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Striking Sheraton YVR workers going to Burnaby council in February

The unionized employees, who are in the seventh month of their strike, will be presenting at Burnaby City Council and requesting a boycott of the Vancouver airport hotel

Union representatives of more than 200 workers at the Sheraton Vancouver Airport Hotel will present at Burnaby City Council’s Feb. 12 meeting. A delegation from UNITE HERE Local 40 union will present a motion to council requesting that Burnaby boycott the Sheraton YVR hotel, and avoid spending taxpayer money on events or conferences there. A union delegation made the same request of Richmond City Council on Jan. 15; in the past, Richmond has boycotted  other hotels with striking workers. 

Striking Sheraton YVR workers. Photo: Sharan Pawa.

“We’ve seen at our union that when we have the support of politicians, city councils and other labour allies, it really helps the employer take our fight seriously, and address this labour dispute,” said Sharan Pawa, communications specialist at Local 40. 

Unionized workers at Sheraton YVR walked out of work and went on strike in early June 2023, and while some workers crossed the picket line, the majority continued the strike. According to Pawa, many Sheraton YVR workers live in Burnaby, and the strike is affecting the tourism industry in the Lower Mainland. 

The hotel staff are demanding an increase in wages to bring them closer to the Lower Mainland living wage of $25.68 per hour. Most wages at the hotel range from $16 to $22 an hour. According to Pawa, some members have worked at the Sheraton for as long as 30 years and are still making below the living wage, which makes it difficult for them to provide for their children and pay their bills. 

“One of our members has been a banquet server at the Sheraton for about six years, and she’s only earning 20 cents above minimum wage,” Pawa said. 

More than 200 workers walked out last June, but the regular picket line usually has up to 100 people in front of the hotel. On Jan. 15, a delegation went to Richmond City Council to request a boycott of the Sheraton and its sister hotels, the Hilton and Marriott YVR hotels, all operated by the same company. Since the BC Labour Board considers them a shared site, striking workers are also allowed to picket in front of the other hotels. “We actually have our picket line extending all the way around the block,” Pawa said.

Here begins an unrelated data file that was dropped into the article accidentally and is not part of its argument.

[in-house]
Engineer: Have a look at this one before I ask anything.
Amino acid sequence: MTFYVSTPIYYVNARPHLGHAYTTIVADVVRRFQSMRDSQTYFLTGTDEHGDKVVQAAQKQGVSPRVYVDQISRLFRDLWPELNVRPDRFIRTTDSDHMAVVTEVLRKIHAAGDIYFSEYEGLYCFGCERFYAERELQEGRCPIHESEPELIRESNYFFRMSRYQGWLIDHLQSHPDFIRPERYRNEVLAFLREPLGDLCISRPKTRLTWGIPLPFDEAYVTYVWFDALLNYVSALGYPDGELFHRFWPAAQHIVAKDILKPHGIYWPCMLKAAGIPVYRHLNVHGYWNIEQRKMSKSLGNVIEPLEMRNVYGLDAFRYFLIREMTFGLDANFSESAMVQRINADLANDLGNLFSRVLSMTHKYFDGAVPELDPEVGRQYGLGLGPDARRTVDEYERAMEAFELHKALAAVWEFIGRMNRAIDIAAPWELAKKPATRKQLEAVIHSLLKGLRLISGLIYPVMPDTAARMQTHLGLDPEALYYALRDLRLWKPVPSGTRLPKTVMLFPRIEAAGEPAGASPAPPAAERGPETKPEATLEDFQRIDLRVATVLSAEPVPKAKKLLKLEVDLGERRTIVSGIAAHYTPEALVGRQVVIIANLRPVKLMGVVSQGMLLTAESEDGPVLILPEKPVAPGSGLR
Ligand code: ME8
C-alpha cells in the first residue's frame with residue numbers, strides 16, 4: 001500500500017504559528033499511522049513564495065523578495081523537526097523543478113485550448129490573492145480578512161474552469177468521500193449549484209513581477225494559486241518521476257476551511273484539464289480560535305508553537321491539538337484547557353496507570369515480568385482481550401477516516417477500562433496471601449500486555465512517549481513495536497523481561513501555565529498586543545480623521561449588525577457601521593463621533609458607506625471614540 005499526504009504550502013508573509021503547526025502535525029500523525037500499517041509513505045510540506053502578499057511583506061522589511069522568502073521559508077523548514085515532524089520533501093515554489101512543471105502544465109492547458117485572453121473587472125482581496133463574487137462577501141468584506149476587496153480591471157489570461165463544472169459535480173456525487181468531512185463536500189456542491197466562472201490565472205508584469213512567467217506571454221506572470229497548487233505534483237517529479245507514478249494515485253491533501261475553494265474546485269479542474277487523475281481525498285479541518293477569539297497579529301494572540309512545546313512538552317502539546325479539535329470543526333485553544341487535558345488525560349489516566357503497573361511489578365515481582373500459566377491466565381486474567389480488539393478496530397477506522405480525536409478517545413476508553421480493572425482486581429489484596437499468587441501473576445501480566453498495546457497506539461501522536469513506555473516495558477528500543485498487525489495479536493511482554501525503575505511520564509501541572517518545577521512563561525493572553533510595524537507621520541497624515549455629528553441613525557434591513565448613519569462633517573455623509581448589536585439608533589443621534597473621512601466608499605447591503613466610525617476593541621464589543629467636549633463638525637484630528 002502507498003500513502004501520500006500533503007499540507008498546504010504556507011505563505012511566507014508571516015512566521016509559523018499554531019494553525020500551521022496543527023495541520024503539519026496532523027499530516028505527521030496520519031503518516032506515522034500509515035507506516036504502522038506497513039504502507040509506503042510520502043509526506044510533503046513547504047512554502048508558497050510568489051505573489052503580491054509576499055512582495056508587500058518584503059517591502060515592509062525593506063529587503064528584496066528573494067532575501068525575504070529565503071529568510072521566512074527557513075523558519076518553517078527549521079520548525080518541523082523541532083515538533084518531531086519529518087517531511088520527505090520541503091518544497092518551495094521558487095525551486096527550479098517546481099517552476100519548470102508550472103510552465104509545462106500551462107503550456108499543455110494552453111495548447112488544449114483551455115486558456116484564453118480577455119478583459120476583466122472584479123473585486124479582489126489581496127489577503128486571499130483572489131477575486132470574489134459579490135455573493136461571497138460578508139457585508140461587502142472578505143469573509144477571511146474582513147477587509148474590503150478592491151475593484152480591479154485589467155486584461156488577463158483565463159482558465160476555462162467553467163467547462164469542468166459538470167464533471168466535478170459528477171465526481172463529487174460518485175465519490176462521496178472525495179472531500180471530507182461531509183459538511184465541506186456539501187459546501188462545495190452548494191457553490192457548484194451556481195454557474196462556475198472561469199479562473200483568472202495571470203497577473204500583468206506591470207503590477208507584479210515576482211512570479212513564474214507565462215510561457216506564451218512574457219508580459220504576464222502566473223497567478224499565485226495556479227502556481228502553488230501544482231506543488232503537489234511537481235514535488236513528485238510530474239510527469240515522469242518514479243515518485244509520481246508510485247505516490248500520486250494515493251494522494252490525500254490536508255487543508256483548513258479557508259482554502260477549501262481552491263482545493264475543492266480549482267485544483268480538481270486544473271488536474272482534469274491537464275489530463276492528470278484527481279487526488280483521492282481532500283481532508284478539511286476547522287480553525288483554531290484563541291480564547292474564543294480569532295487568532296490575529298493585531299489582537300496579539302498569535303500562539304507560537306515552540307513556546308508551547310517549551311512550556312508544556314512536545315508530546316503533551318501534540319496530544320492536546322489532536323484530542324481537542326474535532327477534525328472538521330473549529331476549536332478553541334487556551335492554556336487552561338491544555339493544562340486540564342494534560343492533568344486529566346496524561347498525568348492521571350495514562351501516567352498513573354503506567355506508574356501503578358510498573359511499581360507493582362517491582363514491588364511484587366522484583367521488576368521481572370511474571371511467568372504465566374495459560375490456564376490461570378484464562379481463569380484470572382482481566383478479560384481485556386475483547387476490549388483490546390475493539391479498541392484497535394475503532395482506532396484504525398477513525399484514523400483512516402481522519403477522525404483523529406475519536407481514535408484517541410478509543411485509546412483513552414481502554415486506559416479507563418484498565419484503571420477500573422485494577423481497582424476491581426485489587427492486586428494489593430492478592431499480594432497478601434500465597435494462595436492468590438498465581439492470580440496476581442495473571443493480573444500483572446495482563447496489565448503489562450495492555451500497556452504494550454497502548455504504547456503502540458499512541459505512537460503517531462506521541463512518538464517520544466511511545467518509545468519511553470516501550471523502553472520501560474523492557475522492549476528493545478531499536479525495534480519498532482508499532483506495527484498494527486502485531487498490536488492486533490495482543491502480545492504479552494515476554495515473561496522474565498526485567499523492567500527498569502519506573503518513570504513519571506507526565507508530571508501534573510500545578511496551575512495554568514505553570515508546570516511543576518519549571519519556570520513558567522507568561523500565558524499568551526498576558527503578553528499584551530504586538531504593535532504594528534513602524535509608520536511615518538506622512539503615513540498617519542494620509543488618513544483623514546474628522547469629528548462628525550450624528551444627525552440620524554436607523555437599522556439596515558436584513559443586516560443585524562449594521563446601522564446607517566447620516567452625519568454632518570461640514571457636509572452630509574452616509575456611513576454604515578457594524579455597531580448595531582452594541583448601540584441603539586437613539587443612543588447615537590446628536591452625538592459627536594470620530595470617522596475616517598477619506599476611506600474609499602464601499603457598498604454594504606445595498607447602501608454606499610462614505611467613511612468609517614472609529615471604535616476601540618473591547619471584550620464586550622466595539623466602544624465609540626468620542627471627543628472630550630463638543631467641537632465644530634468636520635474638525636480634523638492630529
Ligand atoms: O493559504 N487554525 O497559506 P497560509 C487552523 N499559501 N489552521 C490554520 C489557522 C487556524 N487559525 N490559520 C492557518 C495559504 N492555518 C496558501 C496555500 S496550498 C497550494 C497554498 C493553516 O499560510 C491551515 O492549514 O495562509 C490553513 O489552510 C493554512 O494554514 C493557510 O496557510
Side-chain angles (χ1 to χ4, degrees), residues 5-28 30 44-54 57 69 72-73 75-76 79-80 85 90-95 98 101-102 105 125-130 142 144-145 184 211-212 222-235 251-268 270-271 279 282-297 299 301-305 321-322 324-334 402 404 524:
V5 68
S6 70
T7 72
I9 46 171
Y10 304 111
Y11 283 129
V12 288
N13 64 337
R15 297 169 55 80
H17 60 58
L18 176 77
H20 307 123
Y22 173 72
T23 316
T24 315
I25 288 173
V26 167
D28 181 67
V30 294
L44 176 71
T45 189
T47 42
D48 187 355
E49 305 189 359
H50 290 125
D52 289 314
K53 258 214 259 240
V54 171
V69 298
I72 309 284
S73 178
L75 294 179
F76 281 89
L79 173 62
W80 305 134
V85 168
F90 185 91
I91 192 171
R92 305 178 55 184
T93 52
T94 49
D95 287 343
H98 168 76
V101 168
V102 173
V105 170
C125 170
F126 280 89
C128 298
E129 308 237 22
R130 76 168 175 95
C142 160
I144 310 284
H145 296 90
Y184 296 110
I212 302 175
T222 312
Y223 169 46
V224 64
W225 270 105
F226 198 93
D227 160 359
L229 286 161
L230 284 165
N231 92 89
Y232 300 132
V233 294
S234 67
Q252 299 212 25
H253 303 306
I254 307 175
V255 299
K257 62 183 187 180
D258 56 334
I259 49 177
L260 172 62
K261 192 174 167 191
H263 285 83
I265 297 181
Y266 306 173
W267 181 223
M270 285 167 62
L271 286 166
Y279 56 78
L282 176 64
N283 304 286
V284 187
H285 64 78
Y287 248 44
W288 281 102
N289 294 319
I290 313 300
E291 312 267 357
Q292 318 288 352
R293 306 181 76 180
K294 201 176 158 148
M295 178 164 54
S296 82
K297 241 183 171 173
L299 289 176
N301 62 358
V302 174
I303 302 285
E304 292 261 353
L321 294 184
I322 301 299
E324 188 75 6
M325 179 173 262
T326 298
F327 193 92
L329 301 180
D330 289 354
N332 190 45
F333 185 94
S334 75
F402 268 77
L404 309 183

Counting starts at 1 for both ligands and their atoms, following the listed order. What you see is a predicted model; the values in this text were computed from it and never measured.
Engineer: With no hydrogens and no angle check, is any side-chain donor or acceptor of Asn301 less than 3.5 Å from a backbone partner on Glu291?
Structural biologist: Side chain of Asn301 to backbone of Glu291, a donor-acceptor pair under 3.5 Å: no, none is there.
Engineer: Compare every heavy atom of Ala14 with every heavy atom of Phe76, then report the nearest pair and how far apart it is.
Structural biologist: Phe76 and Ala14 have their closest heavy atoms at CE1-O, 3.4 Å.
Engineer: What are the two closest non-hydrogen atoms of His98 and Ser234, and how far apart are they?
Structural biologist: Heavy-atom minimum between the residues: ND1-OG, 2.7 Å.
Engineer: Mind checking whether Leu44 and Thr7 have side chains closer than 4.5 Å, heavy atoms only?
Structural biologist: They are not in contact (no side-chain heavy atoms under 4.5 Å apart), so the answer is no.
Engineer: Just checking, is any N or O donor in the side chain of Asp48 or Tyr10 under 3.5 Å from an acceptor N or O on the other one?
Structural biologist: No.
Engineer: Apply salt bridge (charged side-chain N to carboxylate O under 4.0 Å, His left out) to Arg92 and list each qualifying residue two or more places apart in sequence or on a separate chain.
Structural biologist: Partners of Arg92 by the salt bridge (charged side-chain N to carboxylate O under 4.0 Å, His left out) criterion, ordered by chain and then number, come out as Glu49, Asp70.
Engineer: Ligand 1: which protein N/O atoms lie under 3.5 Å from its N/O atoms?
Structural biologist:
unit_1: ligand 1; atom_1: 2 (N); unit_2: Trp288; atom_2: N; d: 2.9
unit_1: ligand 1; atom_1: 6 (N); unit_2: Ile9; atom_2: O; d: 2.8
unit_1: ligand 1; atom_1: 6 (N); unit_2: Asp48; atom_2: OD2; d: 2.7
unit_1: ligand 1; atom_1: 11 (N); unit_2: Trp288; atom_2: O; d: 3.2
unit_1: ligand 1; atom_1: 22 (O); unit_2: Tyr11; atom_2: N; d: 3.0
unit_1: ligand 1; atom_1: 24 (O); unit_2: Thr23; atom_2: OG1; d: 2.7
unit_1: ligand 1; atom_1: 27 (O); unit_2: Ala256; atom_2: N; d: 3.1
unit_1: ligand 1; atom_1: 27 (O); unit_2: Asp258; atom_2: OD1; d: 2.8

Striking Sheraton YVR employees. Photo: Sharan Pawa

Seven months on strike have taken a toll on the workers and their families, with many workers finding additional jobs or surviving on the picket pay they receive from the union. Some have even crossed the picket line to return to work. 

“It is tough for the workers. Of course, they do want to go back to work, earn a living wage, have one job, have their stable hours, and put an end to this dispute,” Pawa told the Beacon “But the strike has dragged on for a very long time, and they’re willing to keep fighting until they get the wages they deserve from this employer.” 

The strike is also taking a toll on the hotel and its business. To keep operations running, the hotel has resorted to making senior employees and managerial staff do the jobs of some striking workers. 

“We know they’re losing a lot of business, and we really want the strike to end soon because the company’s losing business, and the workers are still on strike, struggling to get by,” Pawa said.“They just want to go to work and do their jobs and make that hotel really successful and contribute to Richmond’s economy, and the tourism economy in Metro Vancouver.” 

According to a 2023 survey the union conducted, 89% of hotel workers in the Metro Vancouver area reported they had to give up essentials to survive, with 46% of respondents saying they had to give up fresh food, 58% cutting out clothes or shoes, and 28% giving up dental or medical essentials. The Lower Mainland’s 2023 living wage is $25.68, according to the Living Wage for Families campaign, which is the amount two adults working full-time would need to support a family of two adults and two children without the need for additional working hours or sacrifice on essentials. 

This piece was made possible by the Local Journalism Initiative.

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